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Gelatin, a protein produced from collagen extracted from the boiled bones, connective tissues, and intestines of animals, has been well-known and used for many years.
It was popularized in the Victorian era with spectacular and complex "jelly moulds". Gelatin was sold in sheets and had to be purified, which was very time-consuming. It also made gelatin desserts the province of the relatively well-to-do. In 1845, industrialist Peter Cooper (who built the first American steam-powered locomotive, the Tom Thumb), obtained a patent (US Patent 4084) for powdered gelatin.
Forty years later the patent was sold to a LeRoy, New York-based carpenter and cough syrup manufacturer, Pearle B. Wait. He and his wife May added strawberry, raspberry, orange and lemon flavoring to the powder and gave the product its present name in 1897. Unable to successfully market their concoction, in 1899 the Waits sold the business to a neighbor, Orator Francis Woodward, for $450.
Even Woodward struggled to sell the powdered product. Beginning in 1902, to raise awareness, Woodward's Genesee Pure Food Company placed advertisements in the Ladies' Home Journal proclaiming Jell-O to be "America's Most Famous Dessert." Jell-O remained a minor success until 1904, when Genesee Pure Food Company sent enormous numbers of salesmen out into the field to distribute free Jell-O cookbooks, a pioneering marketing tactic at the time. Within a decade, three new flavors, chocolate (discontinued in 1927), cherry and peach, were added, and the brand was launched in Canada. Celebrity testimonials and recipes appeared in advertisements featuring actress Ethel Barrymore and opera singer Ernestine Schumann-Heink.
In 1923, the newly rechristened Jell-O Company launched D-Zerta, an artificially sweetened version of Jell-O. Two years later, Postum and Genesee merged, and in 1927 Postum acquired Clarence Birdseye's frozen foods company to form the General Foods Corporation. By 1930, there appeared a vogue in American cuisine for congealed salads, and the company introduced lime-flavored Jell-O to complement the various add-ins that cooks across the U.S. were combining in these aspics and salads. By the 1950s, these salads would become so popular that Jell-O responded with savory and vegetable flavors such as celery, Italian, mixed vegetable and seasoned tomato. These savory flavors have since been discontinued.
In 1934, sponsorship from Jell-O made comedian Jack Benny the dessert's spokesperson. At this time also was introduced a jingle (created by the agency Young & Rubicam) that would be familiar over the next several decades, in which the spelling "J-E-L-L-O" was (or could be) sung over a rising five-note musical theme.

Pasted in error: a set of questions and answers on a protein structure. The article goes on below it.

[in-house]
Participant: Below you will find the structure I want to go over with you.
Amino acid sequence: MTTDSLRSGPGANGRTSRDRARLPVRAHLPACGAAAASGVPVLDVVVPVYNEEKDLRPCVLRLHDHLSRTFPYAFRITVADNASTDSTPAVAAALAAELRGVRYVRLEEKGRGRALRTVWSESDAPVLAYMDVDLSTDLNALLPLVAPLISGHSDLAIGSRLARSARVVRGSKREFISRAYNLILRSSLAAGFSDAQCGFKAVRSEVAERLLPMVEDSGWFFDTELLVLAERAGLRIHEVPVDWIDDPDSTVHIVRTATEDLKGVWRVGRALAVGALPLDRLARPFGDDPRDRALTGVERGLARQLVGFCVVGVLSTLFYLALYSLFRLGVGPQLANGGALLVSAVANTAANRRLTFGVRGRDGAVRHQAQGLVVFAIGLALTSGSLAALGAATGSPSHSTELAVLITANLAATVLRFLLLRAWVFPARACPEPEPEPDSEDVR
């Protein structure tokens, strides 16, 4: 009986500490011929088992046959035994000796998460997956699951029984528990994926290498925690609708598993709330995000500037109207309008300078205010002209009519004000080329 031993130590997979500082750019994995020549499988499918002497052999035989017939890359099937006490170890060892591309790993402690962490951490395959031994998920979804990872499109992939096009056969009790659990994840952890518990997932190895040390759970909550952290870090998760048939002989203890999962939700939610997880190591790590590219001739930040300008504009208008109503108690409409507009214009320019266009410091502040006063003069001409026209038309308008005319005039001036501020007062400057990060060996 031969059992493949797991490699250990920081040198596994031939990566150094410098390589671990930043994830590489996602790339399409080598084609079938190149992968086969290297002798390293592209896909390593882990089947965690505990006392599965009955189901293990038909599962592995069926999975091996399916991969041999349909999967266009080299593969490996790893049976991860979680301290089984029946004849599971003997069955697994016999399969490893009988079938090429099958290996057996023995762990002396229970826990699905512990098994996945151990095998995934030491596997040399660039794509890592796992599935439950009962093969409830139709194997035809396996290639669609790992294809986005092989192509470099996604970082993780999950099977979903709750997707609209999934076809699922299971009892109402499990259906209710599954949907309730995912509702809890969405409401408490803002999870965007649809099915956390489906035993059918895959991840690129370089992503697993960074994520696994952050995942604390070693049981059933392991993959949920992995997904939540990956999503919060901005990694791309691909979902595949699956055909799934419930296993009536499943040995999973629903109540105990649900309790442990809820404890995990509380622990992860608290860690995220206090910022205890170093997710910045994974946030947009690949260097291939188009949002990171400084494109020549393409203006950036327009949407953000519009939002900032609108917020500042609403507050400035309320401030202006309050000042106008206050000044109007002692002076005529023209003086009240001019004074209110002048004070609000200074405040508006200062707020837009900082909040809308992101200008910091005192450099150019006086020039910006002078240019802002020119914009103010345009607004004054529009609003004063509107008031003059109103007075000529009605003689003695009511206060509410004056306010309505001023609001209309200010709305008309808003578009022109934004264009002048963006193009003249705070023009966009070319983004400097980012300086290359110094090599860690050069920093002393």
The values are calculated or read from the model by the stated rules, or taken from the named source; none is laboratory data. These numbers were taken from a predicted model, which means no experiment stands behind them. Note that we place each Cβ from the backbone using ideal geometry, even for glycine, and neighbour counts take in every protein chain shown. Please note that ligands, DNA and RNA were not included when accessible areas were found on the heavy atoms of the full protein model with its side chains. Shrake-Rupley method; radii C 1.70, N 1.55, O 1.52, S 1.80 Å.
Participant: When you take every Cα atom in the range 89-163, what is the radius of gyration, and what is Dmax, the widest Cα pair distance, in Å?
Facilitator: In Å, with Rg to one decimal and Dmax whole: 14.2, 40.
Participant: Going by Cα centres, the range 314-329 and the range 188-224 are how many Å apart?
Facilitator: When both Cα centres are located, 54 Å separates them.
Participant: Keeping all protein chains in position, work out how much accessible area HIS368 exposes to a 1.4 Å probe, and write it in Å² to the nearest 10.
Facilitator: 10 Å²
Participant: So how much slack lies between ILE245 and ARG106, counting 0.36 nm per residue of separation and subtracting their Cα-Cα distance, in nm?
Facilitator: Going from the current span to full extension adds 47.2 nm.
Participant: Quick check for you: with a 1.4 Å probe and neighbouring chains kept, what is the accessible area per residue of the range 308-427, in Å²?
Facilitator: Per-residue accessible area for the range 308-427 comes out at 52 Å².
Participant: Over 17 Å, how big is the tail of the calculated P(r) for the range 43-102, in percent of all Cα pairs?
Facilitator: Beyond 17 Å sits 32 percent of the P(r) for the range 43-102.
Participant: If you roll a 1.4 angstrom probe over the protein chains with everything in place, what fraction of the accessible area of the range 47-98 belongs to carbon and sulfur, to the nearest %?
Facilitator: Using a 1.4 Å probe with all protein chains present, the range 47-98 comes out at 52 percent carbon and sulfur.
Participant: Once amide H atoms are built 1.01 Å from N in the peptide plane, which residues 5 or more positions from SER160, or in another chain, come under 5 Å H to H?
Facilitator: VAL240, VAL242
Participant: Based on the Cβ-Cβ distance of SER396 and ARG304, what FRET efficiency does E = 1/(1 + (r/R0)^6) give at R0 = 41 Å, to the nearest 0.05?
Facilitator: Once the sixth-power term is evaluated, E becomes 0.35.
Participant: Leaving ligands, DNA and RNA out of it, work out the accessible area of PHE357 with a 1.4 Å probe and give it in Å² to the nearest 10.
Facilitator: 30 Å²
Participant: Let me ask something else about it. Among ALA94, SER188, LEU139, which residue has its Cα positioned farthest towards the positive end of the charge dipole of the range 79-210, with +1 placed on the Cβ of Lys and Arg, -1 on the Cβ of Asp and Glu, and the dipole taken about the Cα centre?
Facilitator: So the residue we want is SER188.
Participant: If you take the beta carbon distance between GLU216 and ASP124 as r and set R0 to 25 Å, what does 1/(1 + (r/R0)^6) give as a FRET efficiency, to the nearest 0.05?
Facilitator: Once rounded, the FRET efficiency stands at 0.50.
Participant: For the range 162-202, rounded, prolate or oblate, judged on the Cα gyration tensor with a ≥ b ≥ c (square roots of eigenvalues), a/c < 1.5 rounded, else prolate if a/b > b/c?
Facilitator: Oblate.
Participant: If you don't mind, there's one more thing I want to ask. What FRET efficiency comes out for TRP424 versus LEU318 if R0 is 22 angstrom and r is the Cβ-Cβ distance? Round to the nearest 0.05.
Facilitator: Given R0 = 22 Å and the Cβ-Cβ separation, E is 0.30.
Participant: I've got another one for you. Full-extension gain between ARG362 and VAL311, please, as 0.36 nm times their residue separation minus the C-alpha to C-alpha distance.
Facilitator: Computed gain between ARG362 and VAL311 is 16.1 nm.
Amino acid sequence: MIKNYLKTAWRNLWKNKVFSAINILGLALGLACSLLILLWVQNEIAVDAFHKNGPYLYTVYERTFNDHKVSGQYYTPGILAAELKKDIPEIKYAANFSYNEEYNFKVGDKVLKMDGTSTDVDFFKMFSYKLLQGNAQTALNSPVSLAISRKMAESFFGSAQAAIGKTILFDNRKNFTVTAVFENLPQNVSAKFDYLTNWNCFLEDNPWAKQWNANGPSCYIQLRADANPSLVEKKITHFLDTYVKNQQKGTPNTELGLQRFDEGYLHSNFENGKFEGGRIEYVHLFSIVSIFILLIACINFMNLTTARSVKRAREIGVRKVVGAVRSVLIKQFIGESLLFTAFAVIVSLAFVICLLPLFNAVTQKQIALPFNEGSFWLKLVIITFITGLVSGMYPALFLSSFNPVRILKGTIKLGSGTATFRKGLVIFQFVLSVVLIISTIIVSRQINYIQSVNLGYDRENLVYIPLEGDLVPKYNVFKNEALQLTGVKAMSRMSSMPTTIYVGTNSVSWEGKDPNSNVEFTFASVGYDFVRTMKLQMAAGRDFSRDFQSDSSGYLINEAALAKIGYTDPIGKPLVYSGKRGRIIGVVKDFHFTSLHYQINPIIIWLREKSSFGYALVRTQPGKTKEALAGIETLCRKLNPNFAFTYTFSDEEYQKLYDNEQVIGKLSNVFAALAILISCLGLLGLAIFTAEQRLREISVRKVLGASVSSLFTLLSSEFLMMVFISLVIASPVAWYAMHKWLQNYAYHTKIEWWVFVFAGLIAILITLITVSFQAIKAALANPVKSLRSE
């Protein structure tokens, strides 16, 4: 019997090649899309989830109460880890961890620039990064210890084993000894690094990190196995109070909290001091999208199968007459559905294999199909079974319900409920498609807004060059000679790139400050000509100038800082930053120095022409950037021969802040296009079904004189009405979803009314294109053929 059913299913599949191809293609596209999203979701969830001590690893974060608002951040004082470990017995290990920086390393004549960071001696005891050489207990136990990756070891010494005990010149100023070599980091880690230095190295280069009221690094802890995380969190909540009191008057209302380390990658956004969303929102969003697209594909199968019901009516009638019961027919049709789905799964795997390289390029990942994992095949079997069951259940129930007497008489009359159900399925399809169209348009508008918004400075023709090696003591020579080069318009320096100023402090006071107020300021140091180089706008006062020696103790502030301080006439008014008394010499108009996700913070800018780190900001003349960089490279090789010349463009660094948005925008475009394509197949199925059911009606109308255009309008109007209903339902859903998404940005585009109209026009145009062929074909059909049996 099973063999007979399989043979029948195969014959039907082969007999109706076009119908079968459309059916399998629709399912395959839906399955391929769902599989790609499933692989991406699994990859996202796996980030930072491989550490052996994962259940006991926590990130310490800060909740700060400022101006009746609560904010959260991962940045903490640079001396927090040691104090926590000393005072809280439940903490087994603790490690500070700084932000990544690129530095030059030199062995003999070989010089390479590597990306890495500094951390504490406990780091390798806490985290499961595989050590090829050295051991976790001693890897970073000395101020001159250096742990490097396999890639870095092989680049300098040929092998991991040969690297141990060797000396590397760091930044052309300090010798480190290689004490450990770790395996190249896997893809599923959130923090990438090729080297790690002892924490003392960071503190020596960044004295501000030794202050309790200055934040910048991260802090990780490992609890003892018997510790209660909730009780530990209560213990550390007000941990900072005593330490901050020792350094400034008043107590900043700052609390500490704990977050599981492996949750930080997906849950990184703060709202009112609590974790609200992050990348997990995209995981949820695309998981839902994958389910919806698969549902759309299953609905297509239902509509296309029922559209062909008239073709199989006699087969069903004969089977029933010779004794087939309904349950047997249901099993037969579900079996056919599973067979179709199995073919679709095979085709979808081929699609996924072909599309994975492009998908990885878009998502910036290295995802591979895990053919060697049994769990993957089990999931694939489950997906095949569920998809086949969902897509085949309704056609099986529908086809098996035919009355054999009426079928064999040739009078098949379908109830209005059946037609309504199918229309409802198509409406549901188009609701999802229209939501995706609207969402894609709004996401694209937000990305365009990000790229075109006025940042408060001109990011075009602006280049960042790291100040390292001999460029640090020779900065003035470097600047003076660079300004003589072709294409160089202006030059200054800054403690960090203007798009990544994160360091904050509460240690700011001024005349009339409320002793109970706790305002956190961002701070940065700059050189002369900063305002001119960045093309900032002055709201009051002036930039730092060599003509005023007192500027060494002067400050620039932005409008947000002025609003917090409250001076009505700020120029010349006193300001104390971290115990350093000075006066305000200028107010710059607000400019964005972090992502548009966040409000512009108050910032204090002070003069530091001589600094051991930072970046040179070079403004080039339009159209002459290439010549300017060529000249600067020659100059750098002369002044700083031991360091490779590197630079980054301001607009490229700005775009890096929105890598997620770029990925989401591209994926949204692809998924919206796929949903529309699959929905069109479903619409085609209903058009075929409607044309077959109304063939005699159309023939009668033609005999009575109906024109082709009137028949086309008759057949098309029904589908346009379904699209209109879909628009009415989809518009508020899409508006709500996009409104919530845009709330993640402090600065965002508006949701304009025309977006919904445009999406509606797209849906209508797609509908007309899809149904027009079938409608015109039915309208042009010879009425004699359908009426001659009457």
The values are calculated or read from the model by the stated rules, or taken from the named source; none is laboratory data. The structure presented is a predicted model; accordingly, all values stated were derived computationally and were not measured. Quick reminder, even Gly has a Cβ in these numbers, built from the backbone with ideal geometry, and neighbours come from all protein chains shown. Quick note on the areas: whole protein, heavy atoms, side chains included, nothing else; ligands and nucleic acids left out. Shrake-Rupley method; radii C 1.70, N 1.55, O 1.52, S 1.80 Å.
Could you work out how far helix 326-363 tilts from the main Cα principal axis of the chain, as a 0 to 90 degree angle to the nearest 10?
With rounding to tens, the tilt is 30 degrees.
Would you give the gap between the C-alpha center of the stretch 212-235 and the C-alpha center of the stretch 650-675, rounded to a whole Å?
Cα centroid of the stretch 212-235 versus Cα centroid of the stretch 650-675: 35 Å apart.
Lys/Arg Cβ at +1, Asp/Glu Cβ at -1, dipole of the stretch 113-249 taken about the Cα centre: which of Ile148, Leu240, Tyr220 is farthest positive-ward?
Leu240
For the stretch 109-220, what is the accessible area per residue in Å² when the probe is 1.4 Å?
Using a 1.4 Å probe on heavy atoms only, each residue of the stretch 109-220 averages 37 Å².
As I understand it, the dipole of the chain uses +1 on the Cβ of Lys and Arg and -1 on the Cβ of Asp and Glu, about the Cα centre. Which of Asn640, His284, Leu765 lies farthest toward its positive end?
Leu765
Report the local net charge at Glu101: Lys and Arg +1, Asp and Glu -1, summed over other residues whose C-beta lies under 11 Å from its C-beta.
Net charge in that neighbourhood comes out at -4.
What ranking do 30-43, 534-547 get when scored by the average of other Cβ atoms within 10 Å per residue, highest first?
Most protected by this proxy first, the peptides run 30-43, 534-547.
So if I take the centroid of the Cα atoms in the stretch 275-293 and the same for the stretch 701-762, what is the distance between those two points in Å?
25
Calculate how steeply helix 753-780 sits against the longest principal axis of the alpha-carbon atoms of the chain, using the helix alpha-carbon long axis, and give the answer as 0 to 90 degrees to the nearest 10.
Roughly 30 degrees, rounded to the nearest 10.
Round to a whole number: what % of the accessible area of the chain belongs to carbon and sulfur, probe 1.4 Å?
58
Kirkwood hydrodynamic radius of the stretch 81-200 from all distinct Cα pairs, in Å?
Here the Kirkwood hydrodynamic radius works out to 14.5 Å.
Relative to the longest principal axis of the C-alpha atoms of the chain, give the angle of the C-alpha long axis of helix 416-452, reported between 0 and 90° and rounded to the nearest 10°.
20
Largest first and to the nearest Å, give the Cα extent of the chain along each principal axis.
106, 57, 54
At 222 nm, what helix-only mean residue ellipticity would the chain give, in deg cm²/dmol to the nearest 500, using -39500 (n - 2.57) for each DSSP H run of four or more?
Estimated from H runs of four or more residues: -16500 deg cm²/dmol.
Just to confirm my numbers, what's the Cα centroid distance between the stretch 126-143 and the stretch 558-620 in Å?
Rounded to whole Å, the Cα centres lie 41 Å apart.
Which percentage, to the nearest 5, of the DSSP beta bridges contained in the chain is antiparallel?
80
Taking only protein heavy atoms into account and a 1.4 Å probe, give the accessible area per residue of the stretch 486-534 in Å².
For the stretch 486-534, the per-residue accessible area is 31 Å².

In 1936, chocolate returned to the Jell-O lineup, this time as an instant pudding made with milk. It proved enormously popular and over time other pudding flavors were added such as vanilla, tapioca, coconut, pistachio, butterscotch, egg custard, flan and rice pudding.
New flavors continued to be added and unsuccessful ones were removed: in the 1950s and 1960s, apple, black cherry, black raspberry, grape, lemon-lime, mixed fruit, orange-banana, pineapple-grapefruit, blackberry, strawberry-banana, tropical fruit and more intense "wild" versions of the venerable strawberry, raspberry and cherry. In 1966, the Jell-O "No-Bake" dessert line was launched, which allowed a cheesecake to be made in 15 minutes. In 1971 pre-packaged prepared pudding called Jell-O Pudding Treats were introduced. During this same period, 1-2-3 Jell-O, a gelatin dessert that separated into three layers as it cooled was unveiled. Until 1987, 1-2-3 Jell-O could readily be found in grocery stores throughout most of the United States, but the dessert is now extremely rare. Jell-O Whip 'n Chill, a mousse-style dessert, was also introduced and widely promoted; it also remains available only in limited areas today.
In 1964, the slogan "There's always room for Jell-O" was introduced, promoting the product as a "light dessert" that could easily be consumed even after a heavy meal.
In 1974, comedian Bill Cosby became the company's pudding spokesperson, and continued to serve as the voice of Jell-O for almost thirty years. Over the course of his tenure as the mouthpiece for the company, he would help introduce new products such as frozen Jell-O Pops (in both gelatin and pudding varieties); the new Sugar-Free Jell-O, which replaced D-Zerta in 1984 and was sweetened with NutraSweet; Jell-O Jigglers concentrated gummi snacks; and Sparkling Jell-O, a carbonated version of the dessert touted as the "Champagne of Jell-O." In 2010, Cosby returned as Jell-O spokesperson in an on-line web series called "OBKB." 
In 1989, General Foods was merged into Kraft Foods by parent company Philip Morris (now the Altria Group). New flavors were continually introduced: watermelon, blueberry, cranberry, margarita and piņa colada among others. In 2001, Green Jell-O was declared the "Official State Snack" of Utah, with Governor Michael O. Leavitt declaring an annual "Jell-O Week." During the 2002 Winter Olympics in Salt Lake City, the souvenir pins included one depicting green Jell-O.
As of 2008[update], there are more than 158 products sold under the Jell-O brand name and about 300 million boxes of Jell-O gelatin sold in the United States each year.
Jell-O is also used as a substantial ingredient in a well-known dessert, a "Jell-O mold" the preparation of which requires a mold designed to hold gelatin, and the depositing of small quantities of chopped fruit, nuts, and other ingredients before it hardens and takes on its typical form. Fresh pineapple, papaya, kiwi, and ginger root cannot be used because they contain enzymes that prevent the gelatin from "setting."